Poker Face Depicts Every Musician’s Worst Deadly Nightmare

Poker Face plugs into rock history for “Rest in Metal,” but The Yardbirds’ Keith Relf should be remembered as electrifying, not electrified.

POKER FACE -- “Rest in Metal” Episode 104 -- Pictured: (l-r) Chloe Sevigny as Ruby Ruin, G.K Umeh as Eskie
Photo: Sara Shatz | Peacock

This article contains spoilers for POKER FACE episode 4.

With a charged reference to the 1976 death of The Yardbirds singer Keith Relf, Peacock’s Poker Face teaches a valuable music industry lesson: Song pluggers should check their cables before plugging in. Especially drummers, surrounded by metallic conductors, trying to break out original material. When they do, as Phil Collins of Genesis or Don Brewer of Grand Funk Railroad can attest, those songs can change the group dynamic and take center stage. Electricity like that should be channeled.

Which is why the human lie-detector goes metal detector in Charlie Cale’s (Natasha Lyonne) case-of-the-week, “Rest in Metal.” The signature hit song for Robin Ruin’s (Chloe Sevigny) metal band Doxxxology, “Staplehead,” was written by the drummer. Said drummer moved on, and not only is the band now stuck with it as the closing song for every show, but they have to pay the ex-member just to perform it. The new drummer, young metalhead Gavin, introduces his own killer tune, and it’s just the thing to redefine the playlist. Not wanting to make the same mistake twice, the band rigs the drummer’s amp, symbolically during the song “Staplehead.”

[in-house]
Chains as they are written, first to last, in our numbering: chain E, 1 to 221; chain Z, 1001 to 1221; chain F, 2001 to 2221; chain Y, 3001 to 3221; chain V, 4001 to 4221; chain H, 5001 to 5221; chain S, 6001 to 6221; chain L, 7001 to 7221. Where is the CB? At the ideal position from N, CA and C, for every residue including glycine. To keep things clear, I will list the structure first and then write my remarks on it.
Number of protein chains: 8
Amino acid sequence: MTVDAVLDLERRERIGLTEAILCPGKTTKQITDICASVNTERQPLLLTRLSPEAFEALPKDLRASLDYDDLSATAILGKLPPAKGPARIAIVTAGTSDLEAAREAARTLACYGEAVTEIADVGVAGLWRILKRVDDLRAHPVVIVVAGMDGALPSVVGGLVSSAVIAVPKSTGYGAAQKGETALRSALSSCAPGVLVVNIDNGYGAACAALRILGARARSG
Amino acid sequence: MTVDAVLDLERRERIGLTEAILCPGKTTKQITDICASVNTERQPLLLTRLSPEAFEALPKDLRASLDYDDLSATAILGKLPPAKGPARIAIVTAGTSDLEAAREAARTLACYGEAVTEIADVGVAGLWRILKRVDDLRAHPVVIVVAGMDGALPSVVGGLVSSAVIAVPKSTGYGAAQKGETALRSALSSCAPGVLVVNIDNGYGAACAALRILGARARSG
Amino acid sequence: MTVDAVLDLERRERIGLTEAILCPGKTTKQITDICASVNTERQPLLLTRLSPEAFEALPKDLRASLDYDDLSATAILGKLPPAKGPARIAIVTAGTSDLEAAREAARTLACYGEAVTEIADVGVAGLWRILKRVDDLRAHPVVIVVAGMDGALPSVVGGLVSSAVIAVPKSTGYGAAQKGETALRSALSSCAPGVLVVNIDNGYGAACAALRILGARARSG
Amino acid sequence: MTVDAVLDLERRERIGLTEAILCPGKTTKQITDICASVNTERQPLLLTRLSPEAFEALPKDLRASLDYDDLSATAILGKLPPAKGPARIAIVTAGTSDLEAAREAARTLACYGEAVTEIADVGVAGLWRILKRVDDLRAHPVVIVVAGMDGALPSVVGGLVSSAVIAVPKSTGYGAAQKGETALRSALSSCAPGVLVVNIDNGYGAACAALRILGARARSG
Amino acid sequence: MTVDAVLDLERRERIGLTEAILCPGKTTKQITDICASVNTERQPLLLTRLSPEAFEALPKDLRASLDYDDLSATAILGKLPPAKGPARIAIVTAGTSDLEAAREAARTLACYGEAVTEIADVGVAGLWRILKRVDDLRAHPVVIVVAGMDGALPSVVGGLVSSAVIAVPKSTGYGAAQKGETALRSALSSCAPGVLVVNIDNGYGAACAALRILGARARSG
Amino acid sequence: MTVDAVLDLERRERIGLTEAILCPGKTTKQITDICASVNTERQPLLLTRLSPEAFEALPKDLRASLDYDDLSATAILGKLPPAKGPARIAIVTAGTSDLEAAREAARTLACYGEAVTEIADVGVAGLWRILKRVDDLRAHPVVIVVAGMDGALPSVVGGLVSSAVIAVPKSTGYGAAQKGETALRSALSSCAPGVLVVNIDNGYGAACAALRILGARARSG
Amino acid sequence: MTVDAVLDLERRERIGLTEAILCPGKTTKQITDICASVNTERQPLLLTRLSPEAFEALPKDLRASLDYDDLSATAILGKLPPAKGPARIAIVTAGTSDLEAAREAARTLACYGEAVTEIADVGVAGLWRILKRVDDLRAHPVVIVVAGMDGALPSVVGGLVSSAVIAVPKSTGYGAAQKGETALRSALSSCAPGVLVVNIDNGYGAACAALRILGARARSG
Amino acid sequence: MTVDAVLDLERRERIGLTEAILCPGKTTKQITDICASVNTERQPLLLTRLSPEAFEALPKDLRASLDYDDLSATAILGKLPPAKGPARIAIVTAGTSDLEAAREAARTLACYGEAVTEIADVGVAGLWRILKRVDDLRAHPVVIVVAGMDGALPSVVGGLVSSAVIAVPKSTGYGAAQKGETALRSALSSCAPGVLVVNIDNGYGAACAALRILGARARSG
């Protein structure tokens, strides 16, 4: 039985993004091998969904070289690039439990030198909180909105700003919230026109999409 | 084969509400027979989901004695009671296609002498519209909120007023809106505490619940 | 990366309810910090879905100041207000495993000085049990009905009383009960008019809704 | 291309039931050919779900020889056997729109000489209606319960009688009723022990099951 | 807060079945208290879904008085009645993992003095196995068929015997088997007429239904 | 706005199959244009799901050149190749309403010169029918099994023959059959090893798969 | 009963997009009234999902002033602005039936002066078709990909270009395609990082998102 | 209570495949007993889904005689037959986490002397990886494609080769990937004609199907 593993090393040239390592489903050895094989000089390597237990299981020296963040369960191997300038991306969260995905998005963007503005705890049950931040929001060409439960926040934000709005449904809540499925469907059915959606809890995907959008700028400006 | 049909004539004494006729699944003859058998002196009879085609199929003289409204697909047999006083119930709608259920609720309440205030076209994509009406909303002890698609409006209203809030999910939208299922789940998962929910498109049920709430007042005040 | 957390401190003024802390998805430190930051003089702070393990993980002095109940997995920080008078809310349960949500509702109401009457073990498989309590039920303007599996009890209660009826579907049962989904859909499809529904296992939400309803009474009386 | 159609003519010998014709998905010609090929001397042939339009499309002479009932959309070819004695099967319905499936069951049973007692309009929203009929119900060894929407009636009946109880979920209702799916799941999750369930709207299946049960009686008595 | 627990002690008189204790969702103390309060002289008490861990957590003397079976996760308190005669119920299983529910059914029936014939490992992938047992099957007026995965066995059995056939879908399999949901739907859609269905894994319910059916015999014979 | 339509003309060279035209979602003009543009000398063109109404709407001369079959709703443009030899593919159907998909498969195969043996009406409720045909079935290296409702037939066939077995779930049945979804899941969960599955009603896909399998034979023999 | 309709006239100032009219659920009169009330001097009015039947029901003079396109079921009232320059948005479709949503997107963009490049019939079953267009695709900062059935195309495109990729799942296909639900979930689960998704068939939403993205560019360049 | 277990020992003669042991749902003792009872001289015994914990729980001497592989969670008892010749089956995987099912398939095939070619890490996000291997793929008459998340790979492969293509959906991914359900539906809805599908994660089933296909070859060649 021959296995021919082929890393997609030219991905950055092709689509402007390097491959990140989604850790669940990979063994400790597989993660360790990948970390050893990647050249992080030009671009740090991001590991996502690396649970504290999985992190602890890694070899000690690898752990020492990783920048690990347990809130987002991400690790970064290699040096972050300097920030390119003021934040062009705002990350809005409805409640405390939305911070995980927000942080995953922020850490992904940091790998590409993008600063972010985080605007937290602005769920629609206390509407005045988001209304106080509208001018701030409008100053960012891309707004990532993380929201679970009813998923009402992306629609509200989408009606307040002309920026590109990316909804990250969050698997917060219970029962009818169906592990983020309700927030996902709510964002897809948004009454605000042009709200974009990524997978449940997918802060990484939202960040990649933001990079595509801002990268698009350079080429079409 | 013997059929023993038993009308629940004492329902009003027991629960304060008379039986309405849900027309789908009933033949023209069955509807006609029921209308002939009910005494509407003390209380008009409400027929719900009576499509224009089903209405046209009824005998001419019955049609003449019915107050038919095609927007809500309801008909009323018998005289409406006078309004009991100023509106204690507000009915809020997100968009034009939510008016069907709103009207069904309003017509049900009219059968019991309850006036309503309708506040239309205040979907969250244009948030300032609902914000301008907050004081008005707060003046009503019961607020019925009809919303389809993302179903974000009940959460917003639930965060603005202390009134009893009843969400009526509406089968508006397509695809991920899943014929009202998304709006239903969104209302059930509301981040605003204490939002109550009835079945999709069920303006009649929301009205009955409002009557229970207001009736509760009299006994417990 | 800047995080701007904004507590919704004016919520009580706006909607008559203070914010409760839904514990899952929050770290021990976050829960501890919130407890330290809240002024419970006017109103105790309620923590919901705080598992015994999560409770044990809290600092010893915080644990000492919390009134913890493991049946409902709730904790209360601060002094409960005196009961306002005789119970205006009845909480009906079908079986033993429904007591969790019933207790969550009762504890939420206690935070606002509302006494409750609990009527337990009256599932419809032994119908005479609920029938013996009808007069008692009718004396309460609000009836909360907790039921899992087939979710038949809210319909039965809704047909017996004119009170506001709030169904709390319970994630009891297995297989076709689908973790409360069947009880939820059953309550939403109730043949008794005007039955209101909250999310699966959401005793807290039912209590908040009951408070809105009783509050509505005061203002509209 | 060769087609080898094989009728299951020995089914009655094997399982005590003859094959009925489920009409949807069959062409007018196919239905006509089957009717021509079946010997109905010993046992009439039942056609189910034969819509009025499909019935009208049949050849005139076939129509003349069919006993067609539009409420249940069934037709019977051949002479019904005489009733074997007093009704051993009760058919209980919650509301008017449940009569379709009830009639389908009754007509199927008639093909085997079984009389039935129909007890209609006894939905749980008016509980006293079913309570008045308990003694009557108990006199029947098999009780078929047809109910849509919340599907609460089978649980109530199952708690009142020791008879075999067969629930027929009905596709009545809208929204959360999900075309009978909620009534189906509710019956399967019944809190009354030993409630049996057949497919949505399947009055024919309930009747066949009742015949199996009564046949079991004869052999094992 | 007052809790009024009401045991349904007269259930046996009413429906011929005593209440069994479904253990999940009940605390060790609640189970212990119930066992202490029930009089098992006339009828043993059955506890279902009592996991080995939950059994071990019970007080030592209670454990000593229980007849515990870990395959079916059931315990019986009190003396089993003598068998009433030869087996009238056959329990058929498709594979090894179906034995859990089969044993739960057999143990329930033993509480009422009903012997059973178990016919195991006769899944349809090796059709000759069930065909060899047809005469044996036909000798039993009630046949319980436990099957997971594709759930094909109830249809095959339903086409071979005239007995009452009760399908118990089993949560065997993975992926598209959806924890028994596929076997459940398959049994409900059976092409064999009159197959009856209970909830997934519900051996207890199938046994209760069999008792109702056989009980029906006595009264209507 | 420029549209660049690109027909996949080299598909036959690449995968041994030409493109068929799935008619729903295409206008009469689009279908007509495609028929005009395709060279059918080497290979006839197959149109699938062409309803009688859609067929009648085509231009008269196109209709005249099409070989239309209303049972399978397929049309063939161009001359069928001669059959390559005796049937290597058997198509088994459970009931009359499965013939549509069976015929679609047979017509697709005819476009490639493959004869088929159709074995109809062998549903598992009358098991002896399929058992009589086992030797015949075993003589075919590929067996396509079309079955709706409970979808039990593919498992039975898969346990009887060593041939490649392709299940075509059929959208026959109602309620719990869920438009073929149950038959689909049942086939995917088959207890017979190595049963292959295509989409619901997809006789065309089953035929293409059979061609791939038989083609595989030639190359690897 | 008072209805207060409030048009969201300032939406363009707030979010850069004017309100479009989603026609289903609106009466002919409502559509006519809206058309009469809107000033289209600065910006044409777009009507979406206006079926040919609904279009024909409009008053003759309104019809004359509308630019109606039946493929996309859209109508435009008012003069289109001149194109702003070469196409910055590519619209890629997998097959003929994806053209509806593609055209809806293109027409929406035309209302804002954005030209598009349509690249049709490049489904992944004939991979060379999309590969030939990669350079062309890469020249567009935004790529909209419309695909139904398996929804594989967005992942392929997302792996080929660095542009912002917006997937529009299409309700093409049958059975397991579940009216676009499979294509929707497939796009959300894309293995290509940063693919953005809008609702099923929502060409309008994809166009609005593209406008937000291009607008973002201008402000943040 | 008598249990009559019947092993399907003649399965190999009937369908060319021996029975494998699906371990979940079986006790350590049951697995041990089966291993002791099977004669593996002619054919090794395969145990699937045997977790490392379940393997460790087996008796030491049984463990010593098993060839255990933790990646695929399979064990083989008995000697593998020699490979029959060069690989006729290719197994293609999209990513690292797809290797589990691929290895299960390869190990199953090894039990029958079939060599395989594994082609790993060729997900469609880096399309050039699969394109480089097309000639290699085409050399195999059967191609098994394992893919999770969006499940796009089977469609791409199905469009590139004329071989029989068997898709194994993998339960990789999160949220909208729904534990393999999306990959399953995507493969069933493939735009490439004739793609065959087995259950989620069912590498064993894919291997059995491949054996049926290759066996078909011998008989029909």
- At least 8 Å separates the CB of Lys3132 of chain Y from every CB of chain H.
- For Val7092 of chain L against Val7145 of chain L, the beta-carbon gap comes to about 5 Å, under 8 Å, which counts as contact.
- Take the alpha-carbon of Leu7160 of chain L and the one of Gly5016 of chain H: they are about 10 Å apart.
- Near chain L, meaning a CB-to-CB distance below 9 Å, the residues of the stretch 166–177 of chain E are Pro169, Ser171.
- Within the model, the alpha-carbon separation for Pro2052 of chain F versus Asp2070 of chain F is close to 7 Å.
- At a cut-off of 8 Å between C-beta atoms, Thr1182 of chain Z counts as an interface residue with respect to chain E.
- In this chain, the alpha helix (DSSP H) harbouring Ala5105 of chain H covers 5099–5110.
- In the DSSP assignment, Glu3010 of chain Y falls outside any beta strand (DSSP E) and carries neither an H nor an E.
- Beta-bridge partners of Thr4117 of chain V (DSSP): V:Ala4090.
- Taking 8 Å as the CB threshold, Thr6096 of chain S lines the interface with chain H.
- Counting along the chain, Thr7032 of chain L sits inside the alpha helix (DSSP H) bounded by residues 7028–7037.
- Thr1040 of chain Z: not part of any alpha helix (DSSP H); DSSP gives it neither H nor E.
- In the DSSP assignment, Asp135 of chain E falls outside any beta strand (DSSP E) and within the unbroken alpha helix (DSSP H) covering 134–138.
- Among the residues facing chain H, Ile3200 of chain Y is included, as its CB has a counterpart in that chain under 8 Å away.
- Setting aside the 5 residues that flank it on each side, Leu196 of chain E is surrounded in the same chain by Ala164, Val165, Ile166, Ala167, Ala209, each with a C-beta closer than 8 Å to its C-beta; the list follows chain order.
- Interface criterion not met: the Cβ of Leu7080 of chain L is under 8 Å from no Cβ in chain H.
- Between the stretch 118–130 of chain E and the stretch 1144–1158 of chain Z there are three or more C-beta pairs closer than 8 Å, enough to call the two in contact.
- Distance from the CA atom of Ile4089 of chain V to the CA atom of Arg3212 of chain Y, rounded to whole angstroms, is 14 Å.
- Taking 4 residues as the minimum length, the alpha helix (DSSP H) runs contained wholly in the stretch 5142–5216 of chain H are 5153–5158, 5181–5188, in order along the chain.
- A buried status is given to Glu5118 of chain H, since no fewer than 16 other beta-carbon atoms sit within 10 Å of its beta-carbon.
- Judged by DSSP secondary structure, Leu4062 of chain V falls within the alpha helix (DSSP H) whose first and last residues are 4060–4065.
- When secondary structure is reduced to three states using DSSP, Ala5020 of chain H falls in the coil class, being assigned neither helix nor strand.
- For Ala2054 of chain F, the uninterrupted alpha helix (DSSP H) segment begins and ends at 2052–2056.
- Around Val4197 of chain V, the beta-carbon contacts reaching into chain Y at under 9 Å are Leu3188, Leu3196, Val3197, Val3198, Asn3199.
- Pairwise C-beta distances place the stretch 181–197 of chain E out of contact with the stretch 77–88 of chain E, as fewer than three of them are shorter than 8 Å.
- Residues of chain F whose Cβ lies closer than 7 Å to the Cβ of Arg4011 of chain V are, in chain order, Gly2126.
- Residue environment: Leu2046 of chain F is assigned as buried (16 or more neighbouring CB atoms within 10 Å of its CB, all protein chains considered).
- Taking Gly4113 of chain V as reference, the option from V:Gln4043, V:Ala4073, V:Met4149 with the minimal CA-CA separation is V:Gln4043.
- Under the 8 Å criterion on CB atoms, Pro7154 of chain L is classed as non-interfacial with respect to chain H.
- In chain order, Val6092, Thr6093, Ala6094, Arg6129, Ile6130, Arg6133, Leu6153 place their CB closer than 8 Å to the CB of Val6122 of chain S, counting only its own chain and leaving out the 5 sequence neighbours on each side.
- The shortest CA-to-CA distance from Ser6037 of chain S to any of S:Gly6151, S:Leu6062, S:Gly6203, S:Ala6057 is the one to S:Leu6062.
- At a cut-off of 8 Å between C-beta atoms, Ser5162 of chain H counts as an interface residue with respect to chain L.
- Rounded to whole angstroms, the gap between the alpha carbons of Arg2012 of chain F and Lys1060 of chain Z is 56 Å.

The band credits the amp electrocution idea to a music tragedy which became rock mythology. Keith Relf was the founding lead singer and harmonica player for the influential British invasion band The Yardbirds, as well as co-founder of pioneer prog rock ensemble Renaissance. Relf died, tragically, practicing electric guitar in his basement, when he made contact with a gas pipe, completing an electrical circuit. The current sent a severe shock through Relf’s entire body. The singer suffered from chronic, and occasionally life-threatening asthma, as well as emphysema, which may have further weakened his system, contributing to the fatality.

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Getting electrocuted is an occupational hazard for live-playing musicians. If you are wearing an electric instrument and your fingers touch a string when your mouth brushes the mic, you stand a chance of at least a few painful seconds. It happens to big bands and small. The Beatles’ George Harrison, in the relative safety of a recording studio session, gets shocked several times on camera in the documentary Let It Be. It’s possibly the reason Eric Clapton had curly hair for a year. The more voltage the act requires the more dangerous the consequences.